On March 24, 2022, Judge Royce C. Lamberth of the U.S. District Court for the District of Columbia dismissed the Federal Trade Commission’s (the “Commission”) complaint against Endo Pharmaceuticals Inc. (“Endo”), Impax Laboratories, LLC (“Impax”) and Impax’s owner, Amneal Pharmaceuticals, Inc. (“Amneal”), regarding Endo’s oxymorphone extended-release product, Opana ER.
This case was the second enforcement action that the Commission brought against the companies regarding Opana ER. The first action had been brought as an administrative complaint and held that Endo and Impax (a potential competitor with a generic formulation of Opana ER) had entered into an anticompetitive “reverse payment” settlement agreement in 2010 (before the Supreme Court decision in FTC v. Actavis was decided).
The relevant facts of the second action are as follows.
Endo began selling a solid pill form of Opana ER (“Original Opana ER”) after FDA approval in 2006 until May 2012.
Impax filed an Abbreviated New Drug Application (“ANDA”) for a generic version of Original Opana ER in 2007. Impax included a “Paragraph IV” certification, which certifies that the patents covering Original Opana ER were not infringed by the generic version, were invalid, and/or were unenforceable. Under patent law, the filing of a Paragraph IV certification is an act of patent infringement which allows the patent holder to sue for infringement. Endo filed suit alleging that Impax’s generic product would infringe both of its patents. 
Shortly after the start of Endo’s patent infringement trial against Impax in 2010, the parties entered into a settlement agreement under which Endo provided Impax with a license to its Opana ER drugs until January 2013, as well as a license over any future patents (“2010 Settlement Agreement”). In exchange, Endo paid Impax more than $112 million. This payment by the patent holder (Endo) to the alleged patent infringer (Impax) for abandoning its attempt to prove Endo’s patents were invalid was suspect, and ultimately was found to be anticompetitive.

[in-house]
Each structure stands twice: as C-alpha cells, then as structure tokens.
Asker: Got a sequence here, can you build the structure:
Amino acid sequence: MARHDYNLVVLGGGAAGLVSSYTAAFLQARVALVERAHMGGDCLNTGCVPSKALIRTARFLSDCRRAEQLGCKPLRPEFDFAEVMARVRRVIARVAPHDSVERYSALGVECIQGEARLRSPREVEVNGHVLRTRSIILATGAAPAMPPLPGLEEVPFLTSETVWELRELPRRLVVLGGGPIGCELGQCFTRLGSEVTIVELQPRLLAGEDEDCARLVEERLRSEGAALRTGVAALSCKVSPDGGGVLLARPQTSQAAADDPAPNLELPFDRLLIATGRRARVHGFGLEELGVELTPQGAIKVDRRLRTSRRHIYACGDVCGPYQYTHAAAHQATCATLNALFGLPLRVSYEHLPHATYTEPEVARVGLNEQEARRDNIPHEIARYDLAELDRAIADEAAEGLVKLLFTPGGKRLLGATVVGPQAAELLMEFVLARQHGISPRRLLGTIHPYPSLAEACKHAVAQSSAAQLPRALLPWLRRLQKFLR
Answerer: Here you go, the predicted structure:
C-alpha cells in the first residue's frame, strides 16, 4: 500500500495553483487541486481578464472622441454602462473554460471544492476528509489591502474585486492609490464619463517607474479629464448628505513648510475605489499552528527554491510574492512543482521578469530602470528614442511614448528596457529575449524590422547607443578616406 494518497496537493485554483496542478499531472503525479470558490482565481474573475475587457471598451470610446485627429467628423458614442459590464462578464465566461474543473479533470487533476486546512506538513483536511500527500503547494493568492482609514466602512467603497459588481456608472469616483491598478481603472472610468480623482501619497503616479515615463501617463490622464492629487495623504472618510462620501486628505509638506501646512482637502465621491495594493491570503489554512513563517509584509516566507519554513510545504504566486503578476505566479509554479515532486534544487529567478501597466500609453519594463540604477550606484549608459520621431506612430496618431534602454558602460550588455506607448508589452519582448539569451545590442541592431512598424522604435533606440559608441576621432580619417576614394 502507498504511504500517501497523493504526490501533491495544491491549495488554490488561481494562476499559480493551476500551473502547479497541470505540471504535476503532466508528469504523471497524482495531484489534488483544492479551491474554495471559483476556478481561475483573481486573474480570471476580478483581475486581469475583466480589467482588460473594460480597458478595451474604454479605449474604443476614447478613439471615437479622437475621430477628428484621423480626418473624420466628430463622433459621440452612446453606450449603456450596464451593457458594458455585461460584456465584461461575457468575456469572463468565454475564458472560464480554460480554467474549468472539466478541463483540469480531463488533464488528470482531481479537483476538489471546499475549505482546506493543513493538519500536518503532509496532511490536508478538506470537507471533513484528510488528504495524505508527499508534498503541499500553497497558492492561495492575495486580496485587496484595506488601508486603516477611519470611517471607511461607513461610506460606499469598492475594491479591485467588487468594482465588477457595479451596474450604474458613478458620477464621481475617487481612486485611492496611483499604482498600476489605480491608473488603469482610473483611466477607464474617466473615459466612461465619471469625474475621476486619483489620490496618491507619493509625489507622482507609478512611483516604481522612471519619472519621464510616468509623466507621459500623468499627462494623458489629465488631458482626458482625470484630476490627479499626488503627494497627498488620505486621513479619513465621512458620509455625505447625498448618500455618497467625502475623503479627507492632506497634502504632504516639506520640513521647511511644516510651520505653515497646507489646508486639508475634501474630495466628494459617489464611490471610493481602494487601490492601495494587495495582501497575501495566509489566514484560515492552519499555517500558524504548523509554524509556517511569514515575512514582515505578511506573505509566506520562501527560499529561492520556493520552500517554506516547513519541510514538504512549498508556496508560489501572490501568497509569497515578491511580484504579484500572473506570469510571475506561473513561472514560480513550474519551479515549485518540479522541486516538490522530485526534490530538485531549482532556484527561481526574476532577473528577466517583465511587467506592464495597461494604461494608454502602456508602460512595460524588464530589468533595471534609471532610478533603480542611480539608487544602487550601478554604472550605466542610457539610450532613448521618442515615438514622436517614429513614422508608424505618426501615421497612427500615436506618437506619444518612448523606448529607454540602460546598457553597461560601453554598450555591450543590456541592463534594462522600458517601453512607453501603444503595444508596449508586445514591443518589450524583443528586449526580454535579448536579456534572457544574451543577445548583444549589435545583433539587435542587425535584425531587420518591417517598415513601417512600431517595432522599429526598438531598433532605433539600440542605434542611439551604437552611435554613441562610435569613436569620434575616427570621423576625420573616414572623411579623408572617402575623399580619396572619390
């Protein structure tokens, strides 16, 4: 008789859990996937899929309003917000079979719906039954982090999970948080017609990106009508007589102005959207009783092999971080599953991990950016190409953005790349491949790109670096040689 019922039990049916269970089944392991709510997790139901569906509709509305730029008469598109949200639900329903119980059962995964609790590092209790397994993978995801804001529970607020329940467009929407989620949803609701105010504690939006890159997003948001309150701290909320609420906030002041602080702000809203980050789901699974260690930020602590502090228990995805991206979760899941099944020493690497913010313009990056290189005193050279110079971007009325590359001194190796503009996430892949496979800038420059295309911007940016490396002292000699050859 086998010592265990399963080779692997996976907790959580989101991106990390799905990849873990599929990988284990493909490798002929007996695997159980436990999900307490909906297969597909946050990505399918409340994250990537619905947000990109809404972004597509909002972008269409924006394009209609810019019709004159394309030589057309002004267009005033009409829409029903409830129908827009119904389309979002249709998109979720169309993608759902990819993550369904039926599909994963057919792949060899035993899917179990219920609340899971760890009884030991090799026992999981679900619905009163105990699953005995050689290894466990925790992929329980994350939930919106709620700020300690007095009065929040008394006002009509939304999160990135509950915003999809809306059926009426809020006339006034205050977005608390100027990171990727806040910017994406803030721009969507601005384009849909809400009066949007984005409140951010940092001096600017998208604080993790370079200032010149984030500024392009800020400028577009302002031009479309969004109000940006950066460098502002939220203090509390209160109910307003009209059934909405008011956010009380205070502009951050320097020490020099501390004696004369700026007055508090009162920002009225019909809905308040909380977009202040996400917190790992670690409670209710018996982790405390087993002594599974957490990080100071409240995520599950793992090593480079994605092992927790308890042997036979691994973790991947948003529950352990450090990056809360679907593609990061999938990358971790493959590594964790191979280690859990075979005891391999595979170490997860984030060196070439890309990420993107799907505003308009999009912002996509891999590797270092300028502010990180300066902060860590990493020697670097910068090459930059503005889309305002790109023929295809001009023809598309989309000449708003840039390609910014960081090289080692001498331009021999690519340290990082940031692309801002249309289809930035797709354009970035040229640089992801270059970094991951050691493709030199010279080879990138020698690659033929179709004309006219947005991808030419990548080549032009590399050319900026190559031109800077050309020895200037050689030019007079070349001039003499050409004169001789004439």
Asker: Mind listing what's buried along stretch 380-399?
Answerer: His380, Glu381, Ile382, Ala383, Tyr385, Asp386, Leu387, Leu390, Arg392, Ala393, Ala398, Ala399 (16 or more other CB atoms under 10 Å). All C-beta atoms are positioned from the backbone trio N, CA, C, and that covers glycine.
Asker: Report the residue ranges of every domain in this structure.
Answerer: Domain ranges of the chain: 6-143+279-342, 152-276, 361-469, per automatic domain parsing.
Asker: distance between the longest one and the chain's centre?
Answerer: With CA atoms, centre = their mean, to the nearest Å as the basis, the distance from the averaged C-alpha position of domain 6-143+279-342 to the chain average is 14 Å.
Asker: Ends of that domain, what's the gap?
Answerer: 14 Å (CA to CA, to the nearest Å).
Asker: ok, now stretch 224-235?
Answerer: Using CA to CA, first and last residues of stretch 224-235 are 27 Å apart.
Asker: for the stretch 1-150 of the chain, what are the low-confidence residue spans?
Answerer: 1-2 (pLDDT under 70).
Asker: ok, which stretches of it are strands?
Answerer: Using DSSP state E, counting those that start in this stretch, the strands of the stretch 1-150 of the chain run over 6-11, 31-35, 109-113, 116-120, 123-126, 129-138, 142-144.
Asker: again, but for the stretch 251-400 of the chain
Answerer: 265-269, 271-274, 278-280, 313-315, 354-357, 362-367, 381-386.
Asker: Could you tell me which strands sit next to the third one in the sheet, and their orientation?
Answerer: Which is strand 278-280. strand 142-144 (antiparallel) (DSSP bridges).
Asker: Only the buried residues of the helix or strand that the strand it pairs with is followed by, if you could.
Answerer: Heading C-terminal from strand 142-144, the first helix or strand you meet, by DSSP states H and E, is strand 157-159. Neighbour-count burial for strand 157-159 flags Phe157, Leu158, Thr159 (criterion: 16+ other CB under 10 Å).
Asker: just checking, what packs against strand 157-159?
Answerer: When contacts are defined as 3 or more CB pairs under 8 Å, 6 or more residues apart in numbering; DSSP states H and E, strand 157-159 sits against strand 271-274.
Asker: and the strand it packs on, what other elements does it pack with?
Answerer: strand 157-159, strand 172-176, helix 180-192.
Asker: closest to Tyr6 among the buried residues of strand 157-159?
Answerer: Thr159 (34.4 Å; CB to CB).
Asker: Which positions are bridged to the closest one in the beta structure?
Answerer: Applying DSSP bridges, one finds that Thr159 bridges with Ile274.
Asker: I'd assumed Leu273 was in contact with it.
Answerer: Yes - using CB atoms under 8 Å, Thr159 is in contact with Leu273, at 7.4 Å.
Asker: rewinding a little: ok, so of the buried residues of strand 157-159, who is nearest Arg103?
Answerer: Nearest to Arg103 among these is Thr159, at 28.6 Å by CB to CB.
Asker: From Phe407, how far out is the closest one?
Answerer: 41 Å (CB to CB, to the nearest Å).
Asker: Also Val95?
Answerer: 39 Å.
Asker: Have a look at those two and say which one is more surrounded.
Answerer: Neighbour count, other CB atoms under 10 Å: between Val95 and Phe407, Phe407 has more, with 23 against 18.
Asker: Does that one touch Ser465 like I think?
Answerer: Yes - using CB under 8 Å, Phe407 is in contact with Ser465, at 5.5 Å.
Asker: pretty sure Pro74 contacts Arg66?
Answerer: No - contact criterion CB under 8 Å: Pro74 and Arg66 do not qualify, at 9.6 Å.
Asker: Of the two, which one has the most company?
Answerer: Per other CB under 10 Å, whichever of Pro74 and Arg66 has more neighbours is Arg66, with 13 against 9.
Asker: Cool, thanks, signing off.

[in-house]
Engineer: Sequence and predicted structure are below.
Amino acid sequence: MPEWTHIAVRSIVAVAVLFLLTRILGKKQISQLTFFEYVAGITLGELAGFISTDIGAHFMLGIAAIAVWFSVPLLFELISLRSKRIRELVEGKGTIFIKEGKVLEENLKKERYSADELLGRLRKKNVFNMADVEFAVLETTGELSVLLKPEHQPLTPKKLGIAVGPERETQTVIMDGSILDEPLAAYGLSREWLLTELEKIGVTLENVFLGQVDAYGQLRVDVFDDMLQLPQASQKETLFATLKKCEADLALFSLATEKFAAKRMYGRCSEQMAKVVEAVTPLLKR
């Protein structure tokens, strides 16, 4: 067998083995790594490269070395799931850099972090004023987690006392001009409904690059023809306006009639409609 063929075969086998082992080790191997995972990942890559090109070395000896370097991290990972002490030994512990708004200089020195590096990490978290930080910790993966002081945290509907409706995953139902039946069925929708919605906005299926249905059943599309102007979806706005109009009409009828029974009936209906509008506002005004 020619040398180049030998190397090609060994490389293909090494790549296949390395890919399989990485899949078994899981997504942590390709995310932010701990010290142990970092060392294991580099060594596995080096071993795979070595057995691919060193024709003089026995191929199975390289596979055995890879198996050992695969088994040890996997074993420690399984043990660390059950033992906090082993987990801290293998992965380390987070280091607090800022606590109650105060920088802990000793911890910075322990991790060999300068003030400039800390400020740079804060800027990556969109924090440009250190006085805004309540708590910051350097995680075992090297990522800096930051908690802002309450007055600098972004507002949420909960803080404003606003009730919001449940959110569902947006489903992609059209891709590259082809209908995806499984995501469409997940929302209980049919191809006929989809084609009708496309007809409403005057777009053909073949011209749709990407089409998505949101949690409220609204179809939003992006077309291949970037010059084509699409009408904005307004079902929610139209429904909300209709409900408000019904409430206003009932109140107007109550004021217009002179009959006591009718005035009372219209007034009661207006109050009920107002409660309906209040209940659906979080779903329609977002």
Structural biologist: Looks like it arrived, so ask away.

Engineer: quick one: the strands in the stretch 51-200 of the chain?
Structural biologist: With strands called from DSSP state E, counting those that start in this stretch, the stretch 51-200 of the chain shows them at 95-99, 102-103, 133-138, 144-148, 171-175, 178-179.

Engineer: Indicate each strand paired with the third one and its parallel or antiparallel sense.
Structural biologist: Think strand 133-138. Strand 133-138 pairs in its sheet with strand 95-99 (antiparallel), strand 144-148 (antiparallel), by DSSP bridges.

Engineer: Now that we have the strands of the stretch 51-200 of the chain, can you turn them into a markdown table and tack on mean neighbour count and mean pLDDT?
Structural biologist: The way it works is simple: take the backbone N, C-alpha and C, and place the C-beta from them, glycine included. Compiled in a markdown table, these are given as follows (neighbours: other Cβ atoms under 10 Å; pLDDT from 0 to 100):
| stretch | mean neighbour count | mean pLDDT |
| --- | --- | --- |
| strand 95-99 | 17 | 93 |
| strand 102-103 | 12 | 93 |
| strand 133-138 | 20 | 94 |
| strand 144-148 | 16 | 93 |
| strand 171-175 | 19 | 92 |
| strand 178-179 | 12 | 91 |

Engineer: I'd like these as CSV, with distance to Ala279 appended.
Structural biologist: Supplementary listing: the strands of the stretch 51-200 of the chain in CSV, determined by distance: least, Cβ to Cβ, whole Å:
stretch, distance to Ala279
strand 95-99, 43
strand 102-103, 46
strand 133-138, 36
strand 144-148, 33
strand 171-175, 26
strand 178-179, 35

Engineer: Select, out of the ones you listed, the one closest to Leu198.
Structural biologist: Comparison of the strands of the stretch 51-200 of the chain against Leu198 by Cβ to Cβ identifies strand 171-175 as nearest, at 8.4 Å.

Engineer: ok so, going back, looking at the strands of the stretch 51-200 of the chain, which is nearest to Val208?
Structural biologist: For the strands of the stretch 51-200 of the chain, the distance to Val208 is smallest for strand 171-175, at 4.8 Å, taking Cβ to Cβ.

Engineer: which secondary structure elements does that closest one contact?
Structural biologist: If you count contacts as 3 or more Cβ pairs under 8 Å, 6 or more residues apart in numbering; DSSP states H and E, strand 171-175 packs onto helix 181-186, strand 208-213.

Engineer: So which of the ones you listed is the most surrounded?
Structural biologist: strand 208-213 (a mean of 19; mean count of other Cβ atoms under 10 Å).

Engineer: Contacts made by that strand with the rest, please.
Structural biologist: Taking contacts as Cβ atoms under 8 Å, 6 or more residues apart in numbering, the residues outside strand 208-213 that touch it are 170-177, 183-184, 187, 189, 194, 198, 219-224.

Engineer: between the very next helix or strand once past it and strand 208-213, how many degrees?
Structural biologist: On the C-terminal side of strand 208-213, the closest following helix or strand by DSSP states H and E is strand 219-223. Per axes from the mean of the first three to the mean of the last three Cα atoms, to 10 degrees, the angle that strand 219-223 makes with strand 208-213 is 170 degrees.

Following the 2010 Settlement Agreement, Endo obtained new patents on Opana. Multiple potential generic entrants sought to invalidate those patents and failed – meaning that Endo’s new patents were upheld as valid and enforceable, and thus only Impax was authorized to sell a generic version of Original Opana ER until November 2029.
However, under the terms of the 2010 settlement agreement, Impax was required to negotiate a fair payment in good faith for the use of the additional patents – but Impax refused to pay Endo. Thus, Endo sought to terminate Impax’s license covering the new patents and brought suit in the District of New Jersey for breach of the 2010 Settlement Agreement and for the infringement of the new patents. Endo contended that Impax had breached its obligation to negotiate in good faith regarding royalties covering the new patents. Impax moved for dismissal arguing that the 2010 Settlement provided Impax a royalty-free license to the new patents.
On August 5, 2017, Endo and Impax agreed to amend the 2010 Settlement Agreement to set a royalty for Endo’s Additional Patents at a certain percentage of Impax’s gross profits on the sale of its generic Original Opana ER (“2017 Settlement Agreement”).